As we begin to explore the charismatic life that is a constitutive element of our special call as a charismatic personal parish, letís begin by examining some of what John Paul II has shared about charismatic life within the Church herself. The Holy Father tends to relate his reflections to the teachings of the Second Vatican Council. His approach to the charismatic renewal is no exception to this. In his address to the World Congress of Ecclesial Movements and New Communities, he states:
Whenever the Spirit intervenes, He leaves people astonished. He brings about events of amazing newness; He radically changes persons and history. This was the unforgettable experience of the Second Vatican Ecumenical Council during which, under the guidance of the same Spirit, the Church rediscovered the charismatic dimension as one of her constitutive elements: "It is not only through the sacraments and the ministrations of the Church that the Holy Spirit makes holy the people, leads them and enriches them with His virtues. Allotting His gifts according as He wills (cf. 1 Cor 12:11), He also distributes special graces among the faithful of every rank...." (Lumen Gentium, #12) The institutional and charismatic aspects are co-essential, as it were, to the Churchís constitution.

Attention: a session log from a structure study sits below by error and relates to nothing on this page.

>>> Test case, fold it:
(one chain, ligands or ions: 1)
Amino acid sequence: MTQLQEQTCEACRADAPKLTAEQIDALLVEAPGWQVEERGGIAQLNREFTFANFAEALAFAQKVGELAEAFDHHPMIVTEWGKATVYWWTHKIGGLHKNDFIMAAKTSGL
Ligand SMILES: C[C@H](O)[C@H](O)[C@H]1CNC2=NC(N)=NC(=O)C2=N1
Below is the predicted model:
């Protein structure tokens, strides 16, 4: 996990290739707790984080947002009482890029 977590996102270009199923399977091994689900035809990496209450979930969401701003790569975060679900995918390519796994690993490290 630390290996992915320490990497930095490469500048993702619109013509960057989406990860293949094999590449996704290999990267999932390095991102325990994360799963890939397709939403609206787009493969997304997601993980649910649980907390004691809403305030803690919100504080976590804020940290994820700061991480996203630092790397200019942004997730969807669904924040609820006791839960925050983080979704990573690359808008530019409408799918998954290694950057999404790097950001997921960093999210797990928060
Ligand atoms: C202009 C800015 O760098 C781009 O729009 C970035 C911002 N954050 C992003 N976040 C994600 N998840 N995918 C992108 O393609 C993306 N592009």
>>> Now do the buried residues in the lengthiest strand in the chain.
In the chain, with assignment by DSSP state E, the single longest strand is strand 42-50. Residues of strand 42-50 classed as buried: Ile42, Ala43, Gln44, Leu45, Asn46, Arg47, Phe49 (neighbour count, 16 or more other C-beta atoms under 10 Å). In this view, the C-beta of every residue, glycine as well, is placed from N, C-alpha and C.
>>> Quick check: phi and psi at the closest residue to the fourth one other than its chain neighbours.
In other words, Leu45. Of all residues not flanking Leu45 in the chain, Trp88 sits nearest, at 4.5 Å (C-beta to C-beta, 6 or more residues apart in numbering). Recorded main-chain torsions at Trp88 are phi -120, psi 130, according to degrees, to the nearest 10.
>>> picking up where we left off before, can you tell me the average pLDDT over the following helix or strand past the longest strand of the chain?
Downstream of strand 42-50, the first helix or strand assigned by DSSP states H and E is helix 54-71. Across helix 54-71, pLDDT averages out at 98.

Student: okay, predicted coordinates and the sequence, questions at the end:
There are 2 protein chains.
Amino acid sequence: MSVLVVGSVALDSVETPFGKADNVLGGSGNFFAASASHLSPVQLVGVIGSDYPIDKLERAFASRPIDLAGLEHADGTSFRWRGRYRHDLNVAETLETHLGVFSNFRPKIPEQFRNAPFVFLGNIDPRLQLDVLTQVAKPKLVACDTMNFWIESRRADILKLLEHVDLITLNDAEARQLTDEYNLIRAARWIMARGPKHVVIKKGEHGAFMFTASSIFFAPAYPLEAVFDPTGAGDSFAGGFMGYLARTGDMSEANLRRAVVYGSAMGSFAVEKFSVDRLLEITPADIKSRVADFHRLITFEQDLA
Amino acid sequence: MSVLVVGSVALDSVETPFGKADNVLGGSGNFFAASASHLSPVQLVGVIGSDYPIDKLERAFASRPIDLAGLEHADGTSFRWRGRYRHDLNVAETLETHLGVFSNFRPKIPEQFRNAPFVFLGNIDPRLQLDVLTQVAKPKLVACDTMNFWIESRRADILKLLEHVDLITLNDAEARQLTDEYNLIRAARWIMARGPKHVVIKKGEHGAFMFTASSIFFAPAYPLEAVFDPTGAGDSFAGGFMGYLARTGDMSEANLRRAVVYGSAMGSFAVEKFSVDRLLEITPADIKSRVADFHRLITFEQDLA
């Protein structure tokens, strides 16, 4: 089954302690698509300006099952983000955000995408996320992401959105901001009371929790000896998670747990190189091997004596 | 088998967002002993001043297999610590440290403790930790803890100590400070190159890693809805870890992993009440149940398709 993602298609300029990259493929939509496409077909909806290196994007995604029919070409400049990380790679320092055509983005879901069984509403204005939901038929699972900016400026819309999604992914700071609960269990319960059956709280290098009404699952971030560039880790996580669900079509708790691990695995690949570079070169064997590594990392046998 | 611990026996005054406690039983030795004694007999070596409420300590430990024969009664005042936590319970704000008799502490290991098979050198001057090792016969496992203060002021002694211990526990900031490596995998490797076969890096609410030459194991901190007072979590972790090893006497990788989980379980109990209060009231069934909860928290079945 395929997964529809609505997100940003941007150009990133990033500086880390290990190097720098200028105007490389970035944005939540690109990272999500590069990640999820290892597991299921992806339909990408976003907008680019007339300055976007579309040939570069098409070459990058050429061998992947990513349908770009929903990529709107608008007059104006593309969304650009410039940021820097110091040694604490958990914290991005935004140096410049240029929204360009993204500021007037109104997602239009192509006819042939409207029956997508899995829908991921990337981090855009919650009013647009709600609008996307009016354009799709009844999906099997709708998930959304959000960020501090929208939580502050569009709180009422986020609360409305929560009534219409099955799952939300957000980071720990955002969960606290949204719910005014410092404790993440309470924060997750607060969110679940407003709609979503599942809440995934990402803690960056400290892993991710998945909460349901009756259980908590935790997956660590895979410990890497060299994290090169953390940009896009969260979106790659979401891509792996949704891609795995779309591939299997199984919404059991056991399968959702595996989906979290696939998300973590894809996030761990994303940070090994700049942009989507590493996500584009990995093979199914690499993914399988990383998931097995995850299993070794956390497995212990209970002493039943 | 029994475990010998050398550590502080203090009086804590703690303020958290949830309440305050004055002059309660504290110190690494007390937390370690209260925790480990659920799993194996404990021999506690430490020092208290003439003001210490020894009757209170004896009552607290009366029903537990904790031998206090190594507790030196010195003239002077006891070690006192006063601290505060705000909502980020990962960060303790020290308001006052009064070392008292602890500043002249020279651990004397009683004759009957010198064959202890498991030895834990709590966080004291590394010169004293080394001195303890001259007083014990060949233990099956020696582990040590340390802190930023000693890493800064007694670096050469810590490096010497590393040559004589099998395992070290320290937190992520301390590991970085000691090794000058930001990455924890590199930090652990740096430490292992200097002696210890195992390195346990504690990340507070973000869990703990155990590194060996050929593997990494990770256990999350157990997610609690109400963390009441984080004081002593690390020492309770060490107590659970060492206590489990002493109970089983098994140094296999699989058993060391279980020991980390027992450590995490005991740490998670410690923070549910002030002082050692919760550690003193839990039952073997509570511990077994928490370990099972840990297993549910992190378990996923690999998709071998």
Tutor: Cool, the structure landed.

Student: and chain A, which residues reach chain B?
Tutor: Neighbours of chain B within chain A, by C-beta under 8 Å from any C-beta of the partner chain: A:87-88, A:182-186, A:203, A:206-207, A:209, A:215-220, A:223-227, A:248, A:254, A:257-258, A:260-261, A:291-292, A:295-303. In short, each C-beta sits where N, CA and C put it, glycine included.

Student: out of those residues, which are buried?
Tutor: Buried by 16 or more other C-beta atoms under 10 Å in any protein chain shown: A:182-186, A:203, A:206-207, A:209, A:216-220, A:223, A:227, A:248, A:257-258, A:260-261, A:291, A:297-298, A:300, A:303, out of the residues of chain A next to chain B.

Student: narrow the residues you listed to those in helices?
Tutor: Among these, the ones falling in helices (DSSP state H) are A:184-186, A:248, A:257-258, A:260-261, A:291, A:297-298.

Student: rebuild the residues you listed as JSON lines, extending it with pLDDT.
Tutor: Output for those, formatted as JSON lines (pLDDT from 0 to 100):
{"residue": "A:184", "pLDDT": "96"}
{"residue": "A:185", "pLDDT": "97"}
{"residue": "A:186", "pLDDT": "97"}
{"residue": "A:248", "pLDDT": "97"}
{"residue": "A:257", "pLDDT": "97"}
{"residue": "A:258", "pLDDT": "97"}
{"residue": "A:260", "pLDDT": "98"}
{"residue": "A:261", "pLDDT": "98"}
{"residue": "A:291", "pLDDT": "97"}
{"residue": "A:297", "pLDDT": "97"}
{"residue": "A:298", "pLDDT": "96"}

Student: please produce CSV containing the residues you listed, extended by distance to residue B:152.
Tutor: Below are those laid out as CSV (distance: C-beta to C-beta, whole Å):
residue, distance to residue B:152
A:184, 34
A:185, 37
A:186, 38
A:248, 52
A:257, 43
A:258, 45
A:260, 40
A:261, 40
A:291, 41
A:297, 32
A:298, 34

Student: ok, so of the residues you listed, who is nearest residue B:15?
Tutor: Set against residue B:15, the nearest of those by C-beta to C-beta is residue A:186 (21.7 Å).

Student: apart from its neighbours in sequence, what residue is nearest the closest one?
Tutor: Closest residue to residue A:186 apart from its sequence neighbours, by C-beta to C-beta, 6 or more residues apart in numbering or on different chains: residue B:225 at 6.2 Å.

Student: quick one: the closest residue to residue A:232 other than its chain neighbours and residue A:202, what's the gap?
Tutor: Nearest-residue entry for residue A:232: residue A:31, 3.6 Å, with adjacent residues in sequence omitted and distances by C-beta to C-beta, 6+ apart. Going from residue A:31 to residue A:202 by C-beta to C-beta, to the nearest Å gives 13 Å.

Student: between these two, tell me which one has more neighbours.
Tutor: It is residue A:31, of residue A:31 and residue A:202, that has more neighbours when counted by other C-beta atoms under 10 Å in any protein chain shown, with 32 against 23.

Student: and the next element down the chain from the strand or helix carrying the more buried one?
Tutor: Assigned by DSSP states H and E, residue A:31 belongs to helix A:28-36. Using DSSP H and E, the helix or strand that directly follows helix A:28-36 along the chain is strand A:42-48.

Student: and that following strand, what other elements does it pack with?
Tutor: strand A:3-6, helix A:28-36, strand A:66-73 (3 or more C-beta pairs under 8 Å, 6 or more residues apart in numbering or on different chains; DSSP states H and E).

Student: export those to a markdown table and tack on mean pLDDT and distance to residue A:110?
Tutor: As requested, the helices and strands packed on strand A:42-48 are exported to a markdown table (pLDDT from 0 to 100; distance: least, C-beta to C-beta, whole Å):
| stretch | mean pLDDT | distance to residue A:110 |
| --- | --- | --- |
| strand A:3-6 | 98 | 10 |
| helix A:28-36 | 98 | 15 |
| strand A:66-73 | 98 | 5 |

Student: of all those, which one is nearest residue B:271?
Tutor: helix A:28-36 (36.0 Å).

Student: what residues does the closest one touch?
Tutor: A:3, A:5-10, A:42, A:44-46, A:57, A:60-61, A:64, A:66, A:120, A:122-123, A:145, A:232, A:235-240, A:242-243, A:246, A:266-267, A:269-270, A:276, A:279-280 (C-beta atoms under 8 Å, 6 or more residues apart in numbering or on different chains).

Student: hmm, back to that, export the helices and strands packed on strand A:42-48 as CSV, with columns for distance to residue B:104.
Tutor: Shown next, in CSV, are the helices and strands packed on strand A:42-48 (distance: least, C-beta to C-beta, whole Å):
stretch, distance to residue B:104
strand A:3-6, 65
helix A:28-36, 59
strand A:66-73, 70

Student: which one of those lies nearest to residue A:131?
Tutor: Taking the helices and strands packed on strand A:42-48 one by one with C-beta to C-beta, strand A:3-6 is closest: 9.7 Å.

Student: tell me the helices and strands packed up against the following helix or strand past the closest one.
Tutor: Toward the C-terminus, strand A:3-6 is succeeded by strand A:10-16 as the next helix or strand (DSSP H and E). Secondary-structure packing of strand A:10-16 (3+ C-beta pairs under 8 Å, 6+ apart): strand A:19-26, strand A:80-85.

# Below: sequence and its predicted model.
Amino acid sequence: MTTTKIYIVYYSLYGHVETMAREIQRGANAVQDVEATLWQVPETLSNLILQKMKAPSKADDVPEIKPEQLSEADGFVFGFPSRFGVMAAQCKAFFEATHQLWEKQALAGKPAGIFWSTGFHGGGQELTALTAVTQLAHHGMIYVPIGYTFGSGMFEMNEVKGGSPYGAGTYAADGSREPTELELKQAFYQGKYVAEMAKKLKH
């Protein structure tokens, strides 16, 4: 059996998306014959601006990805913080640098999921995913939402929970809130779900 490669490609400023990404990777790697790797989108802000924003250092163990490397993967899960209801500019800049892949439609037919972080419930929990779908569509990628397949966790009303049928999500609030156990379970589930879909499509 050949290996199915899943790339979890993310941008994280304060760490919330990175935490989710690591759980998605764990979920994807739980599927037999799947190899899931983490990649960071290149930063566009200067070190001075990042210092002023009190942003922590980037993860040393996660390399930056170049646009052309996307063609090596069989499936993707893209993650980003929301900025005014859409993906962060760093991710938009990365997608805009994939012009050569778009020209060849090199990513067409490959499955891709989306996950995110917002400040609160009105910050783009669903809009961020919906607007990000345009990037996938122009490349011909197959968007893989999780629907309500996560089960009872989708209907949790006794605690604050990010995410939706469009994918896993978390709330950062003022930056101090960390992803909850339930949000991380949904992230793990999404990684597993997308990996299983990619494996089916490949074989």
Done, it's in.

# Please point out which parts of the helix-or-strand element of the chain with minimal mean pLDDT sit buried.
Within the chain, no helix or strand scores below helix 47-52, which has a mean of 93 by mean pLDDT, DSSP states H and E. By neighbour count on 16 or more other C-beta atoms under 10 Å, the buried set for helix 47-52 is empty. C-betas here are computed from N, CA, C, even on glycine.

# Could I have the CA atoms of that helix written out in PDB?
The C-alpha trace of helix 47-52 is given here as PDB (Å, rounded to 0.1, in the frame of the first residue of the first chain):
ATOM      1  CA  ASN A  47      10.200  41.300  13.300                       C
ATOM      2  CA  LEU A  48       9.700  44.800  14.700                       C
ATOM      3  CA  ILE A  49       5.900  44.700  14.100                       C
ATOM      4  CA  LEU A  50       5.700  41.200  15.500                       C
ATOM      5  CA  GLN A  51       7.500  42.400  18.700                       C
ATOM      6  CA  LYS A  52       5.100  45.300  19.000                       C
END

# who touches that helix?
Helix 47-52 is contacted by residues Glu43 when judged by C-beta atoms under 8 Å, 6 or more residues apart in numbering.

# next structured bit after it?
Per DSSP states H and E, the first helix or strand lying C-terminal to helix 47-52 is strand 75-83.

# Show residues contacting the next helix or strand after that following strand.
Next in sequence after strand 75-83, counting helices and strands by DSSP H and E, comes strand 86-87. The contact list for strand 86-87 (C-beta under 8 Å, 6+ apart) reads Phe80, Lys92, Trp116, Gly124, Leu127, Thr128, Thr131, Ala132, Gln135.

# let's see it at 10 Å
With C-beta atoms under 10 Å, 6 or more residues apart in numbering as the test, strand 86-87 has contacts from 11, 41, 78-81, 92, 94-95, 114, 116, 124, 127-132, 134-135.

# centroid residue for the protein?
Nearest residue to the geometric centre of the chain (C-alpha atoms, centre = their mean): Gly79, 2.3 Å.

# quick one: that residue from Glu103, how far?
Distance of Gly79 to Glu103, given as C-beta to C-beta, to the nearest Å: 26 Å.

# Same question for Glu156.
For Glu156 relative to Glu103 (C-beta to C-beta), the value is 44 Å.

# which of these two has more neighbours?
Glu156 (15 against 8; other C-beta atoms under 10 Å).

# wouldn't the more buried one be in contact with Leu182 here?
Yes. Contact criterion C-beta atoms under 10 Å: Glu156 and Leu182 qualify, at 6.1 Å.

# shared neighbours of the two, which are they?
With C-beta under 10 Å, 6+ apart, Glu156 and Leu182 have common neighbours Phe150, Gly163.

What conclusions can we draw from his statements here? There are several items to note:
1. It was at the Council that the Church "rediscovered" the charismatic dimension. This is a clear admission that it had, in a sense, been missing.
2. This discovery is directly attributed by Pope John Paul to the specific intervention of God the Holy Spirit.
3. To call the charismatic dimension a "constitutive element" means that it is an absolutely essential element; it is an element in whose absence the Church must be less than what the Lord Jesus intended her to be.
4. Catholics tend to identify their spirituality exclusively with the sacramental life. The Holy Father addresses the inadequacy of that position by noting that the Spirit moves "not only" through that crucial aspect of the Churchís life, but also specifically by "allotting His gifts according as He wills" as He distributes "special graces."
5. He uses the very significant term "co-essential" to describe the importance of the charismatic dimension of the Church. This also describes the nature of the relation between the charismatic and the institutional. To say that it is "co-essential" is a stronger statement than to simply have said, for example, that they are both essential. Co-essential" has the additional connotation that they are intrinsically related to each other; they are mutually incomplete without each other.
Thoughts to ponder:
1. How essential is the charismatic life in my own life?
2. According to the Holy Father, how essential should it be?